There’s no reason to take your time when you have enough friends to ably carry everything you wish to say. Pierre Lapointe arrives with his third album three years, produced by a third friend in a row, Albin de la Simone, who’s allowed Lapointe to walk off the beaten path, with his eyes barely open. Déjouer l’ennui is a collection of “lullabies for children who grew up too fast.”

“Each project is the expression of a friendship,” says Lapointe, who tapped David-François Moreau to produce 2017’s La science du cœur and Philippe Brault for the production of 2018’s Ton corps est déjà froid.” I create very fast, so it’s the best way to avoid repeating myself,” says Lapointe. “If I’d made those three records as rapidly, and on my own, it wouldn’t have been as good.” He could have elected to learn the techniques for successful self-production, but that’s not where he wanted to go. “I voluntarily left that hurdle so that I have to turn to others for it,” he says. “That way, even if you work alone, you’ll always come up with something new.”

It is Albin de la Simone, present at our interview, who homogenized this story of ennui, that one can easily mold to one’s heart. “We started from the song ‘Le monarque des Indes’ [‘The Monarch of the Indies’],” says the producer. “We wrote it together and felt it would set the direction of the album. Everything that came afterwards was put through the filter of that experience, and we pushed aside anything that wasn’t caught in that net.”

Lapointe gave Albin a list of what he wanted. The starting point in question is a moment, a memory from the PUNKT tour during which Pierre and his musicians played “La plus belle des maisons” – heard on Déjouer l’ennui – centre-stage, around a single microphone. That emotion had to be re-born with the same essence. “I sent Albin Creole nursery rhymes, and songs by Manno Charlemagne, Haiti’s Richard Desjardins,” says Lapointe. That was how they would defeat ennui.

Several more friends participated, which allowed Lapointe to distance himself from his own perspective, and to inhabit many universes. Among them was Daniel Bélanger, who wrote the music for “Vivre ma peine.” “We had to fit Daniel’s guitars into our molds,” they say. The song “Pour déjouer l’ennui” was written by brothers Hubert Lenoir and Julien Chiasson, and re-worked alongside Lapointe to conform to the chosen direction. Philippe B contributed “Vendredi 13,” which Lapointe plays as “an homage to the one who was always close by.”

Drummer José Major was challenged by having to fit within the album’s soft approach, where big, percussive rhythms were rare. “He had the biggest challenge,” says Lapointe. “He had to play at one or two on a scale of 11.” “We wanted him to caress the skins instead of hitting them,” adds Albin. “That’s what created the instrument’s warmth.” “We brought everyone back to the essence of things by breaking their habits,” says Lapointe. “Like asking Philippe Brault to play guitarrón, which he’d never played before.”

Once he’s chosen his producer, Pierre Lapointe readily accepts all the changes in direction that may come. He allowed Albin’s wind to carry him toward new ideas. “This album actually does fill a gap, from which I thought his discography suffered,” says the producer. “My habits are diluted in Albin’s choices, and in the talent of my friends who collaborated on the album,” says Lapointe. “It allowed me to put my finger on what I needed: cooling down. It’s actually the first of my albums that I listen to for my own enjoyment. It sounds self-absorbed, but I hope it has the same effect on the people who listen to it.”

For Lapointe, whose humility is ever-evolving, all music is drafted from a central point, and the many hands that contribute to the music help it crystallize around that point. “Everyone pours their energy into something that belongs to everyone and no one at the same time,” he says. “I don’t feel the need to appropriate it, even though it’s my face on it.”

In 2021, the Conseil des arts et des lettres du Québec will recognize the 20th anniversary of Lapointe’s career, but he’s just thankful to still be around. “I’m not one to do assessments,” he says. “I’m here, now, and tomorrow.” What he chose to do – in order to avoid worrying about the pressure generated by his desire to be counted among the greats – is to constantly take risks, and challenge himself to do new things. “Friends, work, abandon: it’s a lifestyle that I’m comfortable with,” he says.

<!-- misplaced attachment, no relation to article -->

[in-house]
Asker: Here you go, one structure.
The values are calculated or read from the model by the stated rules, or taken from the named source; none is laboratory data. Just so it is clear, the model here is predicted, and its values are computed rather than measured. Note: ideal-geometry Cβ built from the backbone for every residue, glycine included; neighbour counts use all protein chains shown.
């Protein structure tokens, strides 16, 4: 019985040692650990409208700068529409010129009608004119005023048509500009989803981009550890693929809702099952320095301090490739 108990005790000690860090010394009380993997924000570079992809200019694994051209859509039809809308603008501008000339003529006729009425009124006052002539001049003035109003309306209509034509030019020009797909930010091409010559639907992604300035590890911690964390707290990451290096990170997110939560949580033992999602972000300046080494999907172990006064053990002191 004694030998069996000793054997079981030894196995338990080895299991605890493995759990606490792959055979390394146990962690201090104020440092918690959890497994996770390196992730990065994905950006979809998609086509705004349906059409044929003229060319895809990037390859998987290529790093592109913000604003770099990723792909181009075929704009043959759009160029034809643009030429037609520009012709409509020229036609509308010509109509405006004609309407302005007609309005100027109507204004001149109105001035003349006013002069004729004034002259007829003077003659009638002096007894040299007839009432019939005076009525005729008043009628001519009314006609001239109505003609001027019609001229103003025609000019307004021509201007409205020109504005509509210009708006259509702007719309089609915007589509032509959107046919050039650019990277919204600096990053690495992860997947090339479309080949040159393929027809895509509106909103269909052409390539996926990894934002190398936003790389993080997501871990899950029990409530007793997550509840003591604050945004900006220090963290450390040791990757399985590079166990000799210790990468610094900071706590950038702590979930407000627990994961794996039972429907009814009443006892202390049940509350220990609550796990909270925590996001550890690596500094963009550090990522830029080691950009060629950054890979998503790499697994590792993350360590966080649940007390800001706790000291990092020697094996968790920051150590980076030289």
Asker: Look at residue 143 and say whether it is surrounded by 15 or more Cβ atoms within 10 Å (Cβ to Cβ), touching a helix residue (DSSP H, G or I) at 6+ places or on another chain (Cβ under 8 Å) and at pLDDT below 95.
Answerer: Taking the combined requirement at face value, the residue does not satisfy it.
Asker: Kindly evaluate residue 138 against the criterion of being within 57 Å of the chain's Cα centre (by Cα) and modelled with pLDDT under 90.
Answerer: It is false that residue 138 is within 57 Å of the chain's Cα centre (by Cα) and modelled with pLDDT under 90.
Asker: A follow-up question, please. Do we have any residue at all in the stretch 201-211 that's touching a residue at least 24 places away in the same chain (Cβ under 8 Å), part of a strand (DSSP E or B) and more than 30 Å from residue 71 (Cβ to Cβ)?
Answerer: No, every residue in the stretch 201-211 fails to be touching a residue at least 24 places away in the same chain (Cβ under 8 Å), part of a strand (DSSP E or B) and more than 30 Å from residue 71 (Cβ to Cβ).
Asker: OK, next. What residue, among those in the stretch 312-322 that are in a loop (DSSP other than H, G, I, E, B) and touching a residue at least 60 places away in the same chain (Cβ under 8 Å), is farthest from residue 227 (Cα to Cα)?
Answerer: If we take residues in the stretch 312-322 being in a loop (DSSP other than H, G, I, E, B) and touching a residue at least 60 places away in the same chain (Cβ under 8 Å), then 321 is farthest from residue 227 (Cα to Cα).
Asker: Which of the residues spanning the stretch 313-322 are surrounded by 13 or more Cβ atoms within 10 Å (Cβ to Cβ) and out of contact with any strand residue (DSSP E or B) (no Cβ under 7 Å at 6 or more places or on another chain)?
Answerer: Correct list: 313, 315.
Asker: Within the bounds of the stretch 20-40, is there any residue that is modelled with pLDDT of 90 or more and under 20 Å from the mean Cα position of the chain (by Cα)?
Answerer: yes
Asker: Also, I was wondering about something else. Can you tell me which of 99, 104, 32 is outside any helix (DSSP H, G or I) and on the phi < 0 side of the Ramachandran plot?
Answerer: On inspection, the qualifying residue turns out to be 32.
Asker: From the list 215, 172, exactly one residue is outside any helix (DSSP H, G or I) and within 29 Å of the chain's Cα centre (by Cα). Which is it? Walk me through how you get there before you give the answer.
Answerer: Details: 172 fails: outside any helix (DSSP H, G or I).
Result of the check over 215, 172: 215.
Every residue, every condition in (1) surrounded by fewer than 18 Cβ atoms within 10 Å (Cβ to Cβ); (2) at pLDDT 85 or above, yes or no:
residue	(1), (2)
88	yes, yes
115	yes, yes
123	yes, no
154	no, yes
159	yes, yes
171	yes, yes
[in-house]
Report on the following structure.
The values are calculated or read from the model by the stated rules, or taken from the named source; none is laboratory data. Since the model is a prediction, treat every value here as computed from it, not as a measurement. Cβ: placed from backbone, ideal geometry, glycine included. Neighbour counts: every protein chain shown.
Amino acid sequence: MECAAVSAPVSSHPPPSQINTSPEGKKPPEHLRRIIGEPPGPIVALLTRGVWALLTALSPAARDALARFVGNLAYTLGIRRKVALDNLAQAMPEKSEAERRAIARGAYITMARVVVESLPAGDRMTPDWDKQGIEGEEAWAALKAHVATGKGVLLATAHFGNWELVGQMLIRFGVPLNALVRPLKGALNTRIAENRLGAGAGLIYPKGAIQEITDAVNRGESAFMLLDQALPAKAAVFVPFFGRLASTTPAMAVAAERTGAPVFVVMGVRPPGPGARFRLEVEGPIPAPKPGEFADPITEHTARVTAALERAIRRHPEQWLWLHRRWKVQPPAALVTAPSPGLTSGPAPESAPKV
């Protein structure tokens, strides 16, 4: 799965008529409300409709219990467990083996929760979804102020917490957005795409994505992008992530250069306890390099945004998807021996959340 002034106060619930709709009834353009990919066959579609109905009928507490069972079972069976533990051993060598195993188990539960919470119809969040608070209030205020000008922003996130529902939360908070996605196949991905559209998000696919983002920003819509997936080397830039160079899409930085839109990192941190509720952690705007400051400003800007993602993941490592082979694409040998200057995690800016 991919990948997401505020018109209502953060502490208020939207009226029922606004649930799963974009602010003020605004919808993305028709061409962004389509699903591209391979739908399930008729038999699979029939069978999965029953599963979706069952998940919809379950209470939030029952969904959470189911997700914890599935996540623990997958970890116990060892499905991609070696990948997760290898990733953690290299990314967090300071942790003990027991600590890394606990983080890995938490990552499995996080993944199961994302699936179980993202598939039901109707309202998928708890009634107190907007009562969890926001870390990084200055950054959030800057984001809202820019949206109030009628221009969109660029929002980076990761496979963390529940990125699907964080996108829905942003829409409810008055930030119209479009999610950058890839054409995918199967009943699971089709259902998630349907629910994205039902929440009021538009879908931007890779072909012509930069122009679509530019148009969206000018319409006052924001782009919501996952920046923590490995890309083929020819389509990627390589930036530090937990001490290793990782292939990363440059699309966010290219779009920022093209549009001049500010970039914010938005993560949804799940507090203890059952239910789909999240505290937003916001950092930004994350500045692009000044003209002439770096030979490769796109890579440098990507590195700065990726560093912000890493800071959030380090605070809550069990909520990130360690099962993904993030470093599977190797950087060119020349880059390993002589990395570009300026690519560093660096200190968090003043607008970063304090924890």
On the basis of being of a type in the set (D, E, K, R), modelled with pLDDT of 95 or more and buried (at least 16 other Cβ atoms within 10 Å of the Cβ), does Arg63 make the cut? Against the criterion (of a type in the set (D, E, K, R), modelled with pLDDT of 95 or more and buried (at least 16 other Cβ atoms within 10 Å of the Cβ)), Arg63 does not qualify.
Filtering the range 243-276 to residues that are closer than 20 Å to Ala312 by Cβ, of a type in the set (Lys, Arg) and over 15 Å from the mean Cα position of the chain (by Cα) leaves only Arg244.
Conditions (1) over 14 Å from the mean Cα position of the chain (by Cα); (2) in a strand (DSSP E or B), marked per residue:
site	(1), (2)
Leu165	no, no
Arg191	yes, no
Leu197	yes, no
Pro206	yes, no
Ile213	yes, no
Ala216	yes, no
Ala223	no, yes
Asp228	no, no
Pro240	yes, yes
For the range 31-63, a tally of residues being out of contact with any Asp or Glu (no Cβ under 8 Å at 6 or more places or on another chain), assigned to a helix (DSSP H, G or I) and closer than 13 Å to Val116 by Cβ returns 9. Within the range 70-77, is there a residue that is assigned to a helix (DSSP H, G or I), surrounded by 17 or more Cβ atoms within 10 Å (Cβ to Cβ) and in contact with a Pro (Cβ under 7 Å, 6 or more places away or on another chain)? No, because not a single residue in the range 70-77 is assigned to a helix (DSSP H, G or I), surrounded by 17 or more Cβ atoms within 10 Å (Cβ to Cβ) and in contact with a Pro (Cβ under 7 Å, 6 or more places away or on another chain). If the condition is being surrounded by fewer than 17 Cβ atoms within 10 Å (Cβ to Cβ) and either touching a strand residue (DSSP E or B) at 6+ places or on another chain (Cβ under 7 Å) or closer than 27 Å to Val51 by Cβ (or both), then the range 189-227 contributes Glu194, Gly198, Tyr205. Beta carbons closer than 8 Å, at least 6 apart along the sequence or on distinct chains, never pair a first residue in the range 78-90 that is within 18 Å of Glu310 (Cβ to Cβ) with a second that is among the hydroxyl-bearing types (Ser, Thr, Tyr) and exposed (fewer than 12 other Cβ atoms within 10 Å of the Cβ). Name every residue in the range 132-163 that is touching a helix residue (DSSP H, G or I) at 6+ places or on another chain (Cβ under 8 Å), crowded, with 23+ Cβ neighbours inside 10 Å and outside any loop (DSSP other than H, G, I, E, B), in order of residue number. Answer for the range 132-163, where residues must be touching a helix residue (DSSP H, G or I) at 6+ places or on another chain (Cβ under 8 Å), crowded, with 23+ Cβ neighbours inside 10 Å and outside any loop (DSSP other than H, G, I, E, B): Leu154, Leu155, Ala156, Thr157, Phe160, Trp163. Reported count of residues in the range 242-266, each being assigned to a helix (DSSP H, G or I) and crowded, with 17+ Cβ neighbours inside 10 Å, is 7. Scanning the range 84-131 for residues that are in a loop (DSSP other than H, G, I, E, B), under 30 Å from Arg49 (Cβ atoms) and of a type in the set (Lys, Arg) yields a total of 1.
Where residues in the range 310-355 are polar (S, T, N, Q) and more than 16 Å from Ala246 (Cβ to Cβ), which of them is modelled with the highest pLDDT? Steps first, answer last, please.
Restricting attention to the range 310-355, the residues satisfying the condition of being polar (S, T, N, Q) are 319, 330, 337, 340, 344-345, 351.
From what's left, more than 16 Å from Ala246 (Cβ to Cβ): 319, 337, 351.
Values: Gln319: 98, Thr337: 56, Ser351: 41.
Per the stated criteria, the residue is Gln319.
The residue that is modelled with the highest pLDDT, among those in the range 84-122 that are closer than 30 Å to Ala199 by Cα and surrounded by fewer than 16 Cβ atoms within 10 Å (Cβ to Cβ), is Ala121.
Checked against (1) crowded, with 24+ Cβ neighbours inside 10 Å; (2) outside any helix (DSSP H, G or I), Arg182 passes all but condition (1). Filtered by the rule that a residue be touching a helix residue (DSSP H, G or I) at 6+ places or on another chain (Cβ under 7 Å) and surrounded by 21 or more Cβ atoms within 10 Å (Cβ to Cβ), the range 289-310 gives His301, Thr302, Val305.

One thing is clear for Patrick Watson: things will never be the same. “We have to realize how much hip-hop and R&B have transformed the way song lyrics are written,” he says. “Folk’s pretty metaphors are dead. From now on, lyrics have to be direct, and straight to the point. The level of vulnerability displayed in hip-hop and R&B has pushed the limits. And once you cross that vulnerability line, you can’t go back.”

Patrick WatsonMontréal’s singer-songwriter has just launched Wave, his best album so far. It’s a luminous offering, despite having been born out of the pain of losing his mother, and a friend. It’s also a bold album because it marks a departure from the sonic dynamic that has characterized the five previous ones: instead of lengthy songs filled with orchestral flourishes, we’re now witnessing an uncharacteristic sense of self-discipline from Watson, who readily admits that he’s always draped himself in “dramatic” arrangements, as he calls them.

Two things have transformed his approach to songwriting. The first was Frank Ocean’s Blonde, but more on that later. The second one fell on his lap during the writing of Wave. “Adam Cohen gave me a call and said that there’s one of his father’s songs for which they still haven’t found the right arrangement,” he says. “So he sends me this Leonard Cohen demo and I hear him sing over this music – the classic honk honk of synths; it was quite delightful! I got rid of the music and only kept the vocal track, which was quite powerful on its own. Man, the conviction you hear in every single word he utters, it’s so rich and touching!”

That song is called “The Hills,” and it’ll be featured on the posthumous Leonard Cohen album Thanks for the Dance, to be released on Nov. 22, 2019. Watson composed new arrangements, “but to be honest, I don’t know if [Leonard Cohen] would’ve liked them,” he says. “I wanted to enhance the dark side of the lyrics, and maybe he would’ve preferred the opposite, which would have worked, too… I simply tried to be in tune with the lyrics, and the sound of his voice, with more modern, electronic orchestrations,” a sonic element also noticeable on Wave.

Watson is adamant that working with this unreleased Leonard Cohen voice track completely changed his own way of writing and singing. “Just hearing his voice, without any music, and hearing that conviction,” he says. “There’s no need to underscore it with music.” He points out the fact that the suave “Melody Noir,” on his new album, is totally a reflection of this newfound Cohen influence.